Though Russia's space agency, Roscosmos, has ferried seven tourists to the International Space Station (ISS) since 2001, America's National Aeronautics and Space Administration (NASA) has been opposed to the idea of commercializing the space lab. That changed on June 7, 2019, when the US space agency announced it will soon allow private-sector "astronauts" to spend up to 30 consecutive days aboard the space lab.
The privilege, which will be extended to only two individuals a year, does not come cheap. To get to the ISS, the budding astronauts will have to book a seat aboard SpaceX's Crew Dragon or Boeing's Starliner capsule, both of which are expected to be ready to transport passengers to the ISS by 2020. Though the price of the round-trip journey has not been finalized, it is expected to cost about $58 million per person. Once at the ISS, each visitor will have to fork out an additional $35,000 per night for room and board.
Having sufficient funds is just the first hurdle to being selected for this unique opportunity to spend time aboard the ISS. Individuals, or the companies sponsoring them, will also be required to submit an application outlining their mission and the orbital resources required. To be considered, the idea will have to either help further the objectives of a NASA mission, have a need for zero-gravity conditions, or assist in creating a commercial market in space. Most importantly, all aspiring astronauts will have to pass NASA's rigorous health checks and training procedures.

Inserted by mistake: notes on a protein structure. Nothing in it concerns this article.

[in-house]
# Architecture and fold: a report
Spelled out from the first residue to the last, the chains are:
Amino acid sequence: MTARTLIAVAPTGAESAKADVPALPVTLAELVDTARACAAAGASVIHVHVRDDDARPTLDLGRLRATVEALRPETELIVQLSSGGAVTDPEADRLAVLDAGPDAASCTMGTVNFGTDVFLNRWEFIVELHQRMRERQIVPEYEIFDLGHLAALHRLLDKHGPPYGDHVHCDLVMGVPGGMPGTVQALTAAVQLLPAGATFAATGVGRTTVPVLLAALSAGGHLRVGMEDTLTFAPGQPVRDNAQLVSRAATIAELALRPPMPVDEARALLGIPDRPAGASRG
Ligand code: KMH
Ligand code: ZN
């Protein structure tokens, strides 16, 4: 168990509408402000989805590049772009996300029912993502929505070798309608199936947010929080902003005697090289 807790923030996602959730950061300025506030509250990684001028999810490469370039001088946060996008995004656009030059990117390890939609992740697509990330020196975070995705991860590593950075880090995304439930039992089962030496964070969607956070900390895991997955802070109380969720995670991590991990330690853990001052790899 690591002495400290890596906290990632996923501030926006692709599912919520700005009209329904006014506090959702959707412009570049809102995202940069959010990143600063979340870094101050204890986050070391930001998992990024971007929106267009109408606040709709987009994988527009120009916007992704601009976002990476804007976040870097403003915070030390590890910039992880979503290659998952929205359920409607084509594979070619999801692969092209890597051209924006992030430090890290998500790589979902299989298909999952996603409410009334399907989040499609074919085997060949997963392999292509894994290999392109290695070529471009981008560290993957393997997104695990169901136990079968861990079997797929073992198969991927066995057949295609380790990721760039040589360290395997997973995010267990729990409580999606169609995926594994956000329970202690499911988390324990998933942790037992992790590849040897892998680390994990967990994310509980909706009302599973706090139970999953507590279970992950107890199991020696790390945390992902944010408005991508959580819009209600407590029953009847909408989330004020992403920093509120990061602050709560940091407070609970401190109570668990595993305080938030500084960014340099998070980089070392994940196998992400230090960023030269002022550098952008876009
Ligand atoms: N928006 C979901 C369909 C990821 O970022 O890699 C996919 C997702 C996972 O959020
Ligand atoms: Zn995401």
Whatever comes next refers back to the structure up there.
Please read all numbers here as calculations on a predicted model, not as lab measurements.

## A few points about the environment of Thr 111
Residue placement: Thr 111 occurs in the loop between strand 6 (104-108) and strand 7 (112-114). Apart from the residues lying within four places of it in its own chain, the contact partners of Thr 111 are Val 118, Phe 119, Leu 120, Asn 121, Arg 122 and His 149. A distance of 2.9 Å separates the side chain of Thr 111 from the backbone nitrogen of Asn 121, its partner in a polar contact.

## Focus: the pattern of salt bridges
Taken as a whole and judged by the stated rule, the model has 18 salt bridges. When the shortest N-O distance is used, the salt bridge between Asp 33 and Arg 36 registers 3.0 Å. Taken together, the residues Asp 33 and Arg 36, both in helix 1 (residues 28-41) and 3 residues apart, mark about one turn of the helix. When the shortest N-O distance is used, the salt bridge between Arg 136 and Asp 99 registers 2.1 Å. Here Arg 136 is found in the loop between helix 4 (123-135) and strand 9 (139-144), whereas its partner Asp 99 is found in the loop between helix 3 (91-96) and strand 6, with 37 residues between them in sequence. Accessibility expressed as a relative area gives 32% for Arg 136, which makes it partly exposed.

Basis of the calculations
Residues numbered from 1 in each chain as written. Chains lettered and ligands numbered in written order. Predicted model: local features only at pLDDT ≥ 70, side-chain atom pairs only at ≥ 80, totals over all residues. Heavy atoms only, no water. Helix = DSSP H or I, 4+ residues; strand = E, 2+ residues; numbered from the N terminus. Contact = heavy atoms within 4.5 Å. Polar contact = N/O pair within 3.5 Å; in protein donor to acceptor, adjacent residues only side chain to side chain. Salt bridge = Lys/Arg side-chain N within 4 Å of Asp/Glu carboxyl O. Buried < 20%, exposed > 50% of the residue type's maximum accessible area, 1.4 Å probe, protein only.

The US space agency finally succumbed to the commercialization of the ISS for two reasons. The revenues generated will help subsidize the cost of operating the space station and help free up resources for NASA's ambitious plan to land the first woman on the moon by 2024. Additionally, the officials believe allowing private citizens to stay on the lab will enable further testing to make space tourism safe for future passengers. "Market studies identified private astronaut missions to low-Earth orbit as a key element to demonstrate demand and reduce the risk for future commercial destinations in low-Earth orbit," NASA explained.
The US agency also believes space tourism will increase substantially once commercial companies launch orbiting stations to accommodate visitors or astronauts using it as a stopping point on their way to Mars. "In the long-term, NASA’s goal is to become one of many customers purchasing services from independent, commercial and free-flying habitable destinations in low-Earth orbit," NASA explained. "A robust low-Earth orbit economy will need multiple commercial destinations, and NASA is partnering with industry to pursue dual paths to that objective that either go through the space station or directly to a free-flying destination."
However, don't start packing your bags yet. For though the increase in orbiting "hotels" may help reduce the cost of space travel substantially from current levels, it will probably still be out of reach for most of the world's population.
Resources: endgadget.com, geekwire.com, newatlas.com